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How to estimate Sonic velocity above first logged depth? 
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Joined: Wed Jul 18, 2012 3:20 pm
Posts: 2
Post How to estimate Sonic velocity above first logged depth?

I have a problem with using a sonic velocity log when converting one of my wells. Whenever I use the log and invert it to get velocity I do get sensible values.

Then, when I use these velocities and try to convert them to average velocities I run in to trouble. I guess the problem is due to the fact the log is not available al the way to surface? I understand I need to suplement some sort of velocity for this interval, but how do I know what velocity to use? My log start at around 828m tvdss and the first interval velicity is about 2615 m/s. What's the best practice to calculate the velocity to use in the interval from 0 to 828m tvdss? Can I just interpolate to a certain value? My well is on land if that is relevant.

thanks! hope to get an answer here.


Fri Nov 28, 2014 4:29 pm

Joined: Wed Sep 01, 2010 10:06 pm
Posts: 107
Post Re: How to estimate Sonic velocity above first logged depth?

This is a common problem with sonic velocities. You will either have to estimate the replacement velocity (as you discussed), but I do not know the correct method for that. I can imagine you would be able to use a checkshot and calibrate the velocites that way. Alternatively you could probably make a synthetic and see if you can correlate any clear markers. This way you can apply a bulk shift to the Time Depth relationship (from Sonic), which will allow you to calculate the replacement velocity tus use in the interval above the logged interval.

Hope this helps.

Sat Nov 29, 2014 10:29 am

Joined: Sat Feb 15, 2014 7:33 am
Posts: 31
Post Re: How to estimate Sonic velocity above first logged depth?
As Petrel-User mentions, checkshots are the only reliable measure of the vertical seismic velocity from the borehole.

You only have accurate information about sub-surface velocities in the part of the well where you have both a sonic log and a checkshot survey. Outside of this, you are either missing the fine detail (checkshots only), or the information is not accurate (sonic only)

The sonic log has a number of drawbacks. Firstly its higher frequency - sonic our sound frequencies - than seismic vibrations, which means that the wavelength is smaller. This matter because the measurement will be more influenced by small-scale variations (and fractures) in the rock layer that seismic waves will not "see". The second issue is that the tool has a finite length; this means that it won't measure the response of thin beds (which are less than the tool length) properly. This smooths the response of the log, and of course its measuring transit times, not the actual velocity. If you smooth out the transit times, they will be slightly incorrect.

This is why we usually calibrate the sonic log with checkshot information (the "drift correction"), since as you progress deeper and deeper the cumulative effect of these errors can lead to significantly different travel-time measurements overall, and hence the a "drift" from the true velocity values.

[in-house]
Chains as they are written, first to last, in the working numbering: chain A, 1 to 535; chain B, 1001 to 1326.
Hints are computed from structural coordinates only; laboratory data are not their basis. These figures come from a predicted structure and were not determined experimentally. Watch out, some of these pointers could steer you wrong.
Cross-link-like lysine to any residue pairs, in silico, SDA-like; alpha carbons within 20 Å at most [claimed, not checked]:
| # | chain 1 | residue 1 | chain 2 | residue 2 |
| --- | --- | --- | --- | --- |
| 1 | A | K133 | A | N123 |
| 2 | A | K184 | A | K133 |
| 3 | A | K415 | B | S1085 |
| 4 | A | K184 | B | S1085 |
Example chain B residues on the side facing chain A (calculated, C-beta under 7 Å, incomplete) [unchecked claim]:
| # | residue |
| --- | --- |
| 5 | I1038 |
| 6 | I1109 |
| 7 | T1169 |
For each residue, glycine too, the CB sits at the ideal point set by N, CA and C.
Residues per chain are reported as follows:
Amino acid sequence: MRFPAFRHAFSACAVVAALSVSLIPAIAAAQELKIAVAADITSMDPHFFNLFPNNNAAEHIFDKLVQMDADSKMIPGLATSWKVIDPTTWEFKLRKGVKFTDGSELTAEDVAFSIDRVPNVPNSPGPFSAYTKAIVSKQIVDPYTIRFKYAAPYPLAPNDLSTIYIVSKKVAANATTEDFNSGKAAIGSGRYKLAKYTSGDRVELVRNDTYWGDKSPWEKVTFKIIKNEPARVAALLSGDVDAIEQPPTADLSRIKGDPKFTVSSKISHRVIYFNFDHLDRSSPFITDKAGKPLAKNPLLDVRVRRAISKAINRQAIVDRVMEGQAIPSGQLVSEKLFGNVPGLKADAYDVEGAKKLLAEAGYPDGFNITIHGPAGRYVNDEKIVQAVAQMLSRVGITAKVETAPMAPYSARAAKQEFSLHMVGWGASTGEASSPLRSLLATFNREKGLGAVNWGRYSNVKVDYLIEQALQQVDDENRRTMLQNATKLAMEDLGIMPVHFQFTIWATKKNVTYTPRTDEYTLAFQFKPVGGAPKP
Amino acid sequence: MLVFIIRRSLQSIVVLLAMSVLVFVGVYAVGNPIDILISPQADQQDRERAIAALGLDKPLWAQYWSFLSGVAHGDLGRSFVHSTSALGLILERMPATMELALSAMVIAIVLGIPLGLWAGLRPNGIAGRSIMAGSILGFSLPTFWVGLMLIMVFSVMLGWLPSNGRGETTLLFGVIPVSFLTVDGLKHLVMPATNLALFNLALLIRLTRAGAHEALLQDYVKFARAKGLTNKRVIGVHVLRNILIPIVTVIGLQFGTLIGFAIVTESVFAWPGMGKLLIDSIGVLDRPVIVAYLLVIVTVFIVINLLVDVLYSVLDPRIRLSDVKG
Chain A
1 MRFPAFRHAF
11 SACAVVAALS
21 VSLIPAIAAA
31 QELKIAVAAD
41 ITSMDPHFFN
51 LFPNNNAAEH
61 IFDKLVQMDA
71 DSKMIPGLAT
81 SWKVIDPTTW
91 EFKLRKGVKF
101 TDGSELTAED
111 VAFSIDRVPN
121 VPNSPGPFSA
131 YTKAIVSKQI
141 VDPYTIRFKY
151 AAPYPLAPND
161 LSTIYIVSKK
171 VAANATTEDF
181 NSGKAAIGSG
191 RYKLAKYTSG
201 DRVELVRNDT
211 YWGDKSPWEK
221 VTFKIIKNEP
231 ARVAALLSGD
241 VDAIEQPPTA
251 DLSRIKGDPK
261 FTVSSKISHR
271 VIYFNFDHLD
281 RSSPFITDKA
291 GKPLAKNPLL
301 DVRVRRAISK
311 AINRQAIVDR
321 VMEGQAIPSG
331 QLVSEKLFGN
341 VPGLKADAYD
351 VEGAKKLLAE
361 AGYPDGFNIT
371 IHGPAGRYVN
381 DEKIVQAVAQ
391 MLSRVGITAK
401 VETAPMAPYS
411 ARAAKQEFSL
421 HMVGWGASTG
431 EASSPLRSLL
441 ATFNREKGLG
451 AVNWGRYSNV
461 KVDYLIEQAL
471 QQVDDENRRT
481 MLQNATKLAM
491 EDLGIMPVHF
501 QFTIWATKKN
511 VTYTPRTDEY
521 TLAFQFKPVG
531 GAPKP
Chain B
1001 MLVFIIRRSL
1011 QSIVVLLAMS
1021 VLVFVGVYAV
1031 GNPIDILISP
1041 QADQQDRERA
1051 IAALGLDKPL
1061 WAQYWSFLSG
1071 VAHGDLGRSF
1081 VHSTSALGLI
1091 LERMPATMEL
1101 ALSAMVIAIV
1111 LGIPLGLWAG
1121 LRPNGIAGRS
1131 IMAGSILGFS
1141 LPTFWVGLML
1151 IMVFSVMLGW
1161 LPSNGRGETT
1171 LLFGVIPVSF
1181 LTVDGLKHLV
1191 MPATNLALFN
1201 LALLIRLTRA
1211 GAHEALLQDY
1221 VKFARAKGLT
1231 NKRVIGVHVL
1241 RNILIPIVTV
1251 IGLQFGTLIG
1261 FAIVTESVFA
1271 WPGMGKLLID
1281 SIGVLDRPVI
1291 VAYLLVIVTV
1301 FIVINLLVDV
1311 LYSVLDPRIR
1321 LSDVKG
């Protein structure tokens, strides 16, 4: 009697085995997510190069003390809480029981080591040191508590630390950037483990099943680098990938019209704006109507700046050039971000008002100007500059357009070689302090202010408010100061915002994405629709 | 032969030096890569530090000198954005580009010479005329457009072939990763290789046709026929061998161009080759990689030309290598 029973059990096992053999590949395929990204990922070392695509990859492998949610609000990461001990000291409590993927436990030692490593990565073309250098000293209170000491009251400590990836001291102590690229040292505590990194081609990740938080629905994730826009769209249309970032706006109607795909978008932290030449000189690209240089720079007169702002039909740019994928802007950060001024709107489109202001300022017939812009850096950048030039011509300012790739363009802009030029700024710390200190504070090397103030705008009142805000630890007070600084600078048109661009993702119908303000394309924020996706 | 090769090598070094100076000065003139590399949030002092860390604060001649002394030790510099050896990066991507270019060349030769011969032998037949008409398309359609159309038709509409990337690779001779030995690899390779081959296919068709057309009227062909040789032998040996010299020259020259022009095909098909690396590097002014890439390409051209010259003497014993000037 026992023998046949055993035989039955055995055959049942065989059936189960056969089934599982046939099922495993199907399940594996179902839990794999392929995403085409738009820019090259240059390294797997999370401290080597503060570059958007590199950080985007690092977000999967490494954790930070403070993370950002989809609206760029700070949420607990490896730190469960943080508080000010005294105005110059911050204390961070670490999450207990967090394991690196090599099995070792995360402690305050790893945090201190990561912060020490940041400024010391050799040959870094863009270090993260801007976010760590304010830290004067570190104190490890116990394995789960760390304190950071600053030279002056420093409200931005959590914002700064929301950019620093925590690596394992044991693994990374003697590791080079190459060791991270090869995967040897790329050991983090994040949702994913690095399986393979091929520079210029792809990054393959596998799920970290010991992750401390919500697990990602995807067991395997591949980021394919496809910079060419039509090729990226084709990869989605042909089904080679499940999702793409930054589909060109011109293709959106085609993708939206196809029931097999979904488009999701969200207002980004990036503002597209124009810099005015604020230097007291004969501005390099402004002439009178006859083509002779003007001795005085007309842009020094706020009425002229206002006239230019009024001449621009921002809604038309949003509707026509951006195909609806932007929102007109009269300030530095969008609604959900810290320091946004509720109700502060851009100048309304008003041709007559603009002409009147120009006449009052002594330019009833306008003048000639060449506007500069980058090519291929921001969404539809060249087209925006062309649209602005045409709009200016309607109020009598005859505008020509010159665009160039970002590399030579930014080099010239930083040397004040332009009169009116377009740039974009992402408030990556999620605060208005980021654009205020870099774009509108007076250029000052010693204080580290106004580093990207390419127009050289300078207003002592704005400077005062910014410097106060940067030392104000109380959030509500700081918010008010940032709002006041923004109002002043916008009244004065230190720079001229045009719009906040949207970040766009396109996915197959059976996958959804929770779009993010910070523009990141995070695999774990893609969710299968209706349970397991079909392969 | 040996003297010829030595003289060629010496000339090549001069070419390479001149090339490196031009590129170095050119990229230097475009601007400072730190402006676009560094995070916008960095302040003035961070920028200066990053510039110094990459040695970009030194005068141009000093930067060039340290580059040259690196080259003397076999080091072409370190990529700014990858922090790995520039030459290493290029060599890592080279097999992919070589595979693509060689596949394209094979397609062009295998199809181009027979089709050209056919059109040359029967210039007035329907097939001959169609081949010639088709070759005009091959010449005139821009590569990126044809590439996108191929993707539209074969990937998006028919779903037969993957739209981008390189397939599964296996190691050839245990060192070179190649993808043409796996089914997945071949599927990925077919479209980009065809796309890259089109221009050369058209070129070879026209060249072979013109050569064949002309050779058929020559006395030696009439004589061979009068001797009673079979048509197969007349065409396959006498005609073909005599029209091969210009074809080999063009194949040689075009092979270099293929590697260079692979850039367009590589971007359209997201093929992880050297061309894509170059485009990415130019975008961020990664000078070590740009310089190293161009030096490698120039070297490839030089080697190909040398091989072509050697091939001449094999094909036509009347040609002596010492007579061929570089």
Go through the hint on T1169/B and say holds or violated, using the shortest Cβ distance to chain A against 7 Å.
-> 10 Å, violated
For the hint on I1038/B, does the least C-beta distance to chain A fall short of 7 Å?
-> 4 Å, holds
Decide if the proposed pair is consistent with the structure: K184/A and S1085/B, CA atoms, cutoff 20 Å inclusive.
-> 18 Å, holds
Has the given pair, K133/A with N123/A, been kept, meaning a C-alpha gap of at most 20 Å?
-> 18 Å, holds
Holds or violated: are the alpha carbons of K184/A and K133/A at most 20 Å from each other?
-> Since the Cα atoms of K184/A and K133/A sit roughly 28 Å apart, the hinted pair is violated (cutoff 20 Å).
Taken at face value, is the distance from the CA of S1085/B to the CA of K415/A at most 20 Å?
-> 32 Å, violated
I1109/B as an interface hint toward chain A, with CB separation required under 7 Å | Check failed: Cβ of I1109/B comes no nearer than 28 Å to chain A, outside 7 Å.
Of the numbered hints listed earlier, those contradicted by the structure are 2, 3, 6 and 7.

In projecting back to the near surface you have a number of options, depending on he accuracy needed

- use the first checkshot to give a constant
The time and depth from the first checkshot gives you the average velocity to the surface. You could use this as an estimate, which of course would preserve the time-depth relationship accurately to the top layer. This replaces the entire 800m layer with a single velocity, so its likely not to correspond to any actual lithology.

- estimate a gradient
Depending on the degree of uplift, the top 800m of so of the section often show a strong compaction velocity in the seismic velocities. This means that a constant velocity is a poor estimate in many cases - which may or may not be important in your context.

Usually the velocity within a layer is expressed as V(z) = V(0) +Kz; where (z) is the depth, and K is the gradient. K is measured in "metres/second per metre". This can be used in two ways - Z can be relative to the top of layer (useful for compacted lithology) or to the actual surface. The gradient is the same in both cases.

A typical soft-sediment gradient for the near surface in the marine case is 0.6 (m/s per m)

You can estimate the gradient based on the information from other wells, measuring the velocity gradient from the calibrated sonic logs, or at a push from the seismic velocity information (converted to interval velocity and depth)

On land surveys you may also have an estimate for the velocity in the very near surface from the seismic data. They will have used a "replacement velocity" as part of the elevation and refraction statics solutions. This will normally be listed in the processing sequence and in the processing report. This can be used as a reliable V(0) at surface value as part of you modelling.

Hope this helps!

Sun Dec 21, 2014 9:11 pm
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